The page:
Balls won’t be another Ann Widdecombe. For a start he’s got the wrong partner. She had untouchable fan favourite Anton Du Beke, more famous than some of the celebrity contestants, who happily provided the choreography and patience for her to shine. Balls is with an unknown quantity — new girl Katya Jones. 

His performance has been hyped up by an expectant press, while Widdecombe's had the all-important shock factor. Back then nobody could have predicted her irrepressible stomp to the quarter finals, leading to a career in panto and her own quiz show on Sky Atlantic. And unlike John Sergeant, who withdrew from the competition after a few weeks owing to sheer embarrassment, she lapped up every second.

Neither, however, is Balls likely to be Edwina Currie. If you forgot her stint on the show it’s because she went out in the first week, after failing to tone down her abrasive smugness for the ballroom. Balls is too clever for that and he’s already playing the game. Would viewers have been so comfortable with him cropping up on the Great British Bake Off spin-off An Extra Slice a few months ago?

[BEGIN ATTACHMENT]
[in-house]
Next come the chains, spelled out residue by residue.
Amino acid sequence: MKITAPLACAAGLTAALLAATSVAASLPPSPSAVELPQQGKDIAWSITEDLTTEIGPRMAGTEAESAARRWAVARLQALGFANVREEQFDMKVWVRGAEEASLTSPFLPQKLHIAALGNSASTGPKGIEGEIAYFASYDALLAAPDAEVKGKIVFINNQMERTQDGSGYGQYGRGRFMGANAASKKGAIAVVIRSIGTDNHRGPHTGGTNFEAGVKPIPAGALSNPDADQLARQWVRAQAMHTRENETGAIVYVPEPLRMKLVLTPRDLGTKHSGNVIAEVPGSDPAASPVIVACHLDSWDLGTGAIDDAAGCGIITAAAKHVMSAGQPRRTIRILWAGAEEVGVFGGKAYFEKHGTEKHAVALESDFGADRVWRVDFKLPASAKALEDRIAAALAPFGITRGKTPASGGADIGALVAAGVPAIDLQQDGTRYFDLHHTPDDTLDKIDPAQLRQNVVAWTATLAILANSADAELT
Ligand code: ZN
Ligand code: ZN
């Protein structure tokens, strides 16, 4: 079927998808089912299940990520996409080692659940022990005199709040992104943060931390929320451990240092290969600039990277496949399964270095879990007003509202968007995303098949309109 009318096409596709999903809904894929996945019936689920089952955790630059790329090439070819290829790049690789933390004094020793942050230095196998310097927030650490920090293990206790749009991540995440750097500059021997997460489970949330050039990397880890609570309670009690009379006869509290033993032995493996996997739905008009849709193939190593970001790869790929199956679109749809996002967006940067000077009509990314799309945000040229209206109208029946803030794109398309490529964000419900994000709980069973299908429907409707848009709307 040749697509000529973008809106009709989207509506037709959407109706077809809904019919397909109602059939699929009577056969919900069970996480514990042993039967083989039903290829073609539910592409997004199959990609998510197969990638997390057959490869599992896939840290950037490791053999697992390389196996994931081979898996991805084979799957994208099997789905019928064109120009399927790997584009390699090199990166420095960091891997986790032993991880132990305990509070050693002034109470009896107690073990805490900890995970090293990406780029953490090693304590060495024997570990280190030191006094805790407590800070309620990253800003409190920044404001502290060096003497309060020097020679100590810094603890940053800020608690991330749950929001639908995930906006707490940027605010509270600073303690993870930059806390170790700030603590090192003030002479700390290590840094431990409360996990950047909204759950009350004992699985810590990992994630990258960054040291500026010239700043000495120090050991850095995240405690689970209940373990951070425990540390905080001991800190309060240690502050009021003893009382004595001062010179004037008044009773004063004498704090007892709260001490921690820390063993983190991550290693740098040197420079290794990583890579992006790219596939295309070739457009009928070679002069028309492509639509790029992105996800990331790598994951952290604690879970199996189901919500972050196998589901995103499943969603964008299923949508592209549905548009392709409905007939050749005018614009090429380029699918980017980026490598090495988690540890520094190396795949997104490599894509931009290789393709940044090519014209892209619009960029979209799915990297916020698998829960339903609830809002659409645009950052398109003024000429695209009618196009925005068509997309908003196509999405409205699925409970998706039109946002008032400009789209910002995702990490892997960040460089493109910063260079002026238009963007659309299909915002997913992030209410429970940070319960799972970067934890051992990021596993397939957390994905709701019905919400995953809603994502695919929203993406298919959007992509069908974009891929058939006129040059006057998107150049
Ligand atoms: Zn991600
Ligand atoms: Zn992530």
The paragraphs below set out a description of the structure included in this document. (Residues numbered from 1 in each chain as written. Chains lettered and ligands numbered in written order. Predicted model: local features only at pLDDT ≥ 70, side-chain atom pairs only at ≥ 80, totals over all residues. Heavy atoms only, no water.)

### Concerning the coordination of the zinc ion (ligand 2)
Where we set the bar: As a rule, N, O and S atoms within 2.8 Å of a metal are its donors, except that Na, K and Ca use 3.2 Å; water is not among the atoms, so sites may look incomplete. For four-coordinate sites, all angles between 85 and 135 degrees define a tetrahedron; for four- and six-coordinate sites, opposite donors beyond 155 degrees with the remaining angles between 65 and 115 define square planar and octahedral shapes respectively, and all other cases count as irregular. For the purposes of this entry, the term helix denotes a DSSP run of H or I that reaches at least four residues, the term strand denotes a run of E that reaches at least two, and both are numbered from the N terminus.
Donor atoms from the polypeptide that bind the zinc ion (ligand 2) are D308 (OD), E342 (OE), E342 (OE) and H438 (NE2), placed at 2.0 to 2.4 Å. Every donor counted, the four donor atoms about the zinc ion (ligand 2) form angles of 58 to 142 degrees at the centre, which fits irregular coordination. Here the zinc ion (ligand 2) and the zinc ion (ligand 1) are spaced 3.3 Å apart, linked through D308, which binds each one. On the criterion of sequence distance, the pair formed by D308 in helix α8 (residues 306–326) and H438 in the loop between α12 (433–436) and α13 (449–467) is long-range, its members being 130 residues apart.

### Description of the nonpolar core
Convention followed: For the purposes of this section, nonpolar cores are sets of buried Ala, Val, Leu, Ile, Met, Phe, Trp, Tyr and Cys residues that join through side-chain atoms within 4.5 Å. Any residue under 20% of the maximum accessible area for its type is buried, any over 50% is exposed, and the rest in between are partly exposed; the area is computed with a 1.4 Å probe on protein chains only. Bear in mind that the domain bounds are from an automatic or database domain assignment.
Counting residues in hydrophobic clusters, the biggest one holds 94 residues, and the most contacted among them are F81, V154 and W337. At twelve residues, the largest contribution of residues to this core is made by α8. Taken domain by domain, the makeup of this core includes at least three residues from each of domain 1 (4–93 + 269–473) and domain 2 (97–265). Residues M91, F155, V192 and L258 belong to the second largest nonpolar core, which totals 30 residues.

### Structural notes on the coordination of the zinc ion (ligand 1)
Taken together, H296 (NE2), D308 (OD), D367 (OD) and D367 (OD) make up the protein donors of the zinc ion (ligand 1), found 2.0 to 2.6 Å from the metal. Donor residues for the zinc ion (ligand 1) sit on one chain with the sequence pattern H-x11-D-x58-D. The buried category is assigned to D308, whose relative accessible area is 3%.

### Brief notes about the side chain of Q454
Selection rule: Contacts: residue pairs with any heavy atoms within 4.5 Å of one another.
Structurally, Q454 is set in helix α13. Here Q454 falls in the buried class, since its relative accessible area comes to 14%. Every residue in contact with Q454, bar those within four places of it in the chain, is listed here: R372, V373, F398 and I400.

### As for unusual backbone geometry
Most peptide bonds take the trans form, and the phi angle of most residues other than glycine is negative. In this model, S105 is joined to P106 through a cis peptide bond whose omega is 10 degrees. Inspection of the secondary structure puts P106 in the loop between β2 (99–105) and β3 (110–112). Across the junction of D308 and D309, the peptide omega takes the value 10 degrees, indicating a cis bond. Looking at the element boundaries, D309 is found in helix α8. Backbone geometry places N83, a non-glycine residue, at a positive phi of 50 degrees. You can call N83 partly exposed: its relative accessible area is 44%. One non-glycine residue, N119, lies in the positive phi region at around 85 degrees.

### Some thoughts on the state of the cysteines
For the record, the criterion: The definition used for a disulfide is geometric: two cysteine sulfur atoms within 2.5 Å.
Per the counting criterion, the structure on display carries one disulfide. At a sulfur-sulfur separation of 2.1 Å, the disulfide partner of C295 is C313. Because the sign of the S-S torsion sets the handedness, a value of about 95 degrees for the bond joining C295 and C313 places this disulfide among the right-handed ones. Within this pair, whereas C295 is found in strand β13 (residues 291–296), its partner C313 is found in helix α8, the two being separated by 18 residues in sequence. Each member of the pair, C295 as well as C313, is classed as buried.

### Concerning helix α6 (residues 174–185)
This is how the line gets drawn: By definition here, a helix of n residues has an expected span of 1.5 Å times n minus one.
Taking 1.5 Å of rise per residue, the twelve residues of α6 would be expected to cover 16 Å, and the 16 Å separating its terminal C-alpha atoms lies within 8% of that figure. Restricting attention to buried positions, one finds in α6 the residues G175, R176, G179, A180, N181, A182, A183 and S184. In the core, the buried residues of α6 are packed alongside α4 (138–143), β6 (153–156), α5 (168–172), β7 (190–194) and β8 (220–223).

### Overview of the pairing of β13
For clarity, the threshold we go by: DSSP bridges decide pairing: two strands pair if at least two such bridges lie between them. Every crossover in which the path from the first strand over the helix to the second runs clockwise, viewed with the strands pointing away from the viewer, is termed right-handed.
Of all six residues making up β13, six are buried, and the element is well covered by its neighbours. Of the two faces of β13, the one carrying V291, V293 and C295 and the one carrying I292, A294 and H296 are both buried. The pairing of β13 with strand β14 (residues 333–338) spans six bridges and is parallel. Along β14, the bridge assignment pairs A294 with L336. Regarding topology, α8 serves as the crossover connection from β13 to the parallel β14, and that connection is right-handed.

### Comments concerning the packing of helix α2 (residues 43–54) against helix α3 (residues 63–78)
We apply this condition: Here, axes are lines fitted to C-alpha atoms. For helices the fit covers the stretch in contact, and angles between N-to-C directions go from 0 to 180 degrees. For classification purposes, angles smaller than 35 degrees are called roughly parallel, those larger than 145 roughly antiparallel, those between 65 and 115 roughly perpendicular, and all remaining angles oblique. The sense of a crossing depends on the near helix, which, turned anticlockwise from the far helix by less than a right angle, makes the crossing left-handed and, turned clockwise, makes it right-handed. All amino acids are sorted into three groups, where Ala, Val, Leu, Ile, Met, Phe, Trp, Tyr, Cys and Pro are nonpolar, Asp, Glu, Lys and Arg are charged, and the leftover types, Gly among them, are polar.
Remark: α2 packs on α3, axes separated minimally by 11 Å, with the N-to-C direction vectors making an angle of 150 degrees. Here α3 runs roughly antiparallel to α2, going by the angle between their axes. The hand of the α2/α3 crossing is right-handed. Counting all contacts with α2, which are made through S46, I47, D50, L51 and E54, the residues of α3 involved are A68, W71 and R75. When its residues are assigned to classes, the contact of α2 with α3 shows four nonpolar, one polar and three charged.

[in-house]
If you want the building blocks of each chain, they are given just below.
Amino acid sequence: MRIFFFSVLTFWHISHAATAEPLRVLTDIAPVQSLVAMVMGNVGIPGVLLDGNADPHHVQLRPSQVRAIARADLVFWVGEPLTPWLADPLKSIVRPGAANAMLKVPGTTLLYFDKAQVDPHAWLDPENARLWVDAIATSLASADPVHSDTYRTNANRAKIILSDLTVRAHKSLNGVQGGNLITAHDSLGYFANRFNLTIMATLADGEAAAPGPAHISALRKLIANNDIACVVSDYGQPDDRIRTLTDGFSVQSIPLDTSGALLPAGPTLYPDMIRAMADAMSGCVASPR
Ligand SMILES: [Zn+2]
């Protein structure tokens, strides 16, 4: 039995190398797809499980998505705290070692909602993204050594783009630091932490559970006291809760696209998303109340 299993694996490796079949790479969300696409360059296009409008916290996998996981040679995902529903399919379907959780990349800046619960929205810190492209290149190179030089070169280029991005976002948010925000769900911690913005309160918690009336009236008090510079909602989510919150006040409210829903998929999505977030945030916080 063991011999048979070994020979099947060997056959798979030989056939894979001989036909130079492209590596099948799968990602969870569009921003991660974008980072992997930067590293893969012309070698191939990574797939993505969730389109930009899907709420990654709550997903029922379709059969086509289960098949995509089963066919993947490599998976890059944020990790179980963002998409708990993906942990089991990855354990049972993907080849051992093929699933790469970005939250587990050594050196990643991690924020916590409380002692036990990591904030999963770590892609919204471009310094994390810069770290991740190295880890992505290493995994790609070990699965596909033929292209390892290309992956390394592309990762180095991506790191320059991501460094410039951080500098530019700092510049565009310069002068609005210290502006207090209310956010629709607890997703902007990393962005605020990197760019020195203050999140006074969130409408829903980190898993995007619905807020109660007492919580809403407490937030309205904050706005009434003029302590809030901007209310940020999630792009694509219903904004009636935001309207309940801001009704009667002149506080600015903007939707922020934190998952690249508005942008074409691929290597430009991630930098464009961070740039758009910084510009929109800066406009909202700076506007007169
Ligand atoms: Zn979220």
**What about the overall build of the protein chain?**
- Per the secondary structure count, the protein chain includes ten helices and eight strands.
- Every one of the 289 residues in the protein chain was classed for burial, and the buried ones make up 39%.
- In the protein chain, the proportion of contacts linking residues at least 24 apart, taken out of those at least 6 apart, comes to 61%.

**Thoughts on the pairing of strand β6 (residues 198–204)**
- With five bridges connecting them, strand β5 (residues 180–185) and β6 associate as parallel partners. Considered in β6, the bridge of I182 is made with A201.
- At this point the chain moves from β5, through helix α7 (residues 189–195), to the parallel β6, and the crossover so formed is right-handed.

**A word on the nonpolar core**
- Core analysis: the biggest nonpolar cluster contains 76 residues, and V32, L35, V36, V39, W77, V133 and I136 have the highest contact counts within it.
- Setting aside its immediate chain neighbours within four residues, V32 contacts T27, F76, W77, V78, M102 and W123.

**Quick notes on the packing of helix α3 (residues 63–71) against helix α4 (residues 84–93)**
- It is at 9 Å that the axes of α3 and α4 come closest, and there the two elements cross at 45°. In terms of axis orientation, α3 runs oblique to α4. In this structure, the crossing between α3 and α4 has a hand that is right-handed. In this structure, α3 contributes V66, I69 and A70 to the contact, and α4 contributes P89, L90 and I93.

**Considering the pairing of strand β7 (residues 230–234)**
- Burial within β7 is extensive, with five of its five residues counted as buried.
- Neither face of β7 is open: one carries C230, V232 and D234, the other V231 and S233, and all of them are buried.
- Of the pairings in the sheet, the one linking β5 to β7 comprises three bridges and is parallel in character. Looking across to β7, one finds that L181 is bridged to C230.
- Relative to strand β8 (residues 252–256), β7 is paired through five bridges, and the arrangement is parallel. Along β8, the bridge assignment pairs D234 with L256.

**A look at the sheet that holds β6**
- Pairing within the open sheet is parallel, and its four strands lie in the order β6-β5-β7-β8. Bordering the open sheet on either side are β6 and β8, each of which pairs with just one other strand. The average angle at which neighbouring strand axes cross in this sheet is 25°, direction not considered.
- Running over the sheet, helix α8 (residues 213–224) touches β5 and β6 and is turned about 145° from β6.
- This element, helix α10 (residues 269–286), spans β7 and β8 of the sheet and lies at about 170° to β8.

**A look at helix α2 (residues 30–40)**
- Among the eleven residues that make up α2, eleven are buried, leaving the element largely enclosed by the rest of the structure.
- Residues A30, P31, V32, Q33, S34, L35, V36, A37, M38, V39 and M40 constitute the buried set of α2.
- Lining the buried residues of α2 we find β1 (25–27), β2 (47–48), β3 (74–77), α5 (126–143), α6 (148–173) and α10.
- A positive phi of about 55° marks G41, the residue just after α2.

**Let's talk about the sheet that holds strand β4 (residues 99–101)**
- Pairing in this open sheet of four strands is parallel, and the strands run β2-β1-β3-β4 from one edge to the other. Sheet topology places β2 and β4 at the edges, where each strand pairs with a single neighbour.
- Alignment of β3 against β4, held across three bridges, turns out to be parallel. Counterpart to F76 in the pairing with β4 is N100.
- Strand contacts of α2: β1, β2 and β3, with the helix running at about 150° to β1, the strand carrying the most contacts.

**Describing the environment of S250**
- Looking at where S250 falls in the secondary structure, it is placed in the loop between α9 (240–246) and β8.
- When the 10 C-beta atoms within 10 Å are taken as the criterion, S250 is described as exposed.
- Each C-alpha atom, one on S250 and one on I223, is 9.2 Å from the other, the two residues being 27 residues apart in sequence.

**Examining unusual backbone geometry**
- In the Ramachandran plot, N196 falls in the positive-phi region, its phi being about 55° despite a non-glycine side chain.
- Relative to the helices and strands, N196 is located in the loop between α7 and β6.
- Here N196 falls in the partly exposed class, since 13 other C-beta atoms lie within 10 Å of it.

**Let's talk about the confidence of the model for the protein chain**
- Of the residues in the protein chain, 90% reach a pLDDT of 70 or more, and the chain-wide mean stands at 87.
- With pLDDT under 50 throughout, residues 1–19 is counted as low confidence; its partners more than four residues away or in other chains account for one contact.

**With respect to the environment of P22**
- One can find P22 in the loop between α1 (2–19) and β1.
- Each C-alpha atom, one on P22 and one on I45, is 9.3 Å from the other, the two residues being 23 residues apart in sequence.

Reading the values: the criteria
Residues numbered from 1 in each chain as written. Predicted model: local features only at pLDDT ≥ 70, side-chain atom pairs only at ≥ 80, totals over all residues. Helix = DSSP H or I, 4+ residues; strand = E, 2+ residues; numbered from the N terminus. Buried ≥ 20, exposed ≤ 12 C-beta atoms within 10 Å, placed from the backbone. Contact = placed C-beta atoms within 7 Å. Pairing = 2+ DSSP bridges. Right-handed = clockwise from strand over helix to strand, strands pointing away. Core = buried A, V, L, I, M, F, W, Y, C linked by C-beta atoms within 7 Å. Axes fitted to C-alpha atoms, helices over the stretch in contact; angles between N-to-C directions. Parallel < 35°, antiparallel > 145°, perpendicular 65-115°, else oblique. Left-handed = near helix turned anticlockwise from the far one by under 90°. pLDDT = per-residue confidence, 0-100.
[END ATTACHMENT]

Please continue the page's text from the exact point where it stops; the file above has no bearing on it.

My bet is that after a few gyrations he’ll emerge as amusing, lovable and, most importantly, bookable. The prospect of Gordon Brown’s economic advisor playing Baron Hardup in a Christmaspanto  is deliciously tantalising. But what happens when the fun stops and the midlife crisis (as he takes great pleasure in calling it) loses its novelty? Can he be taken seriously again?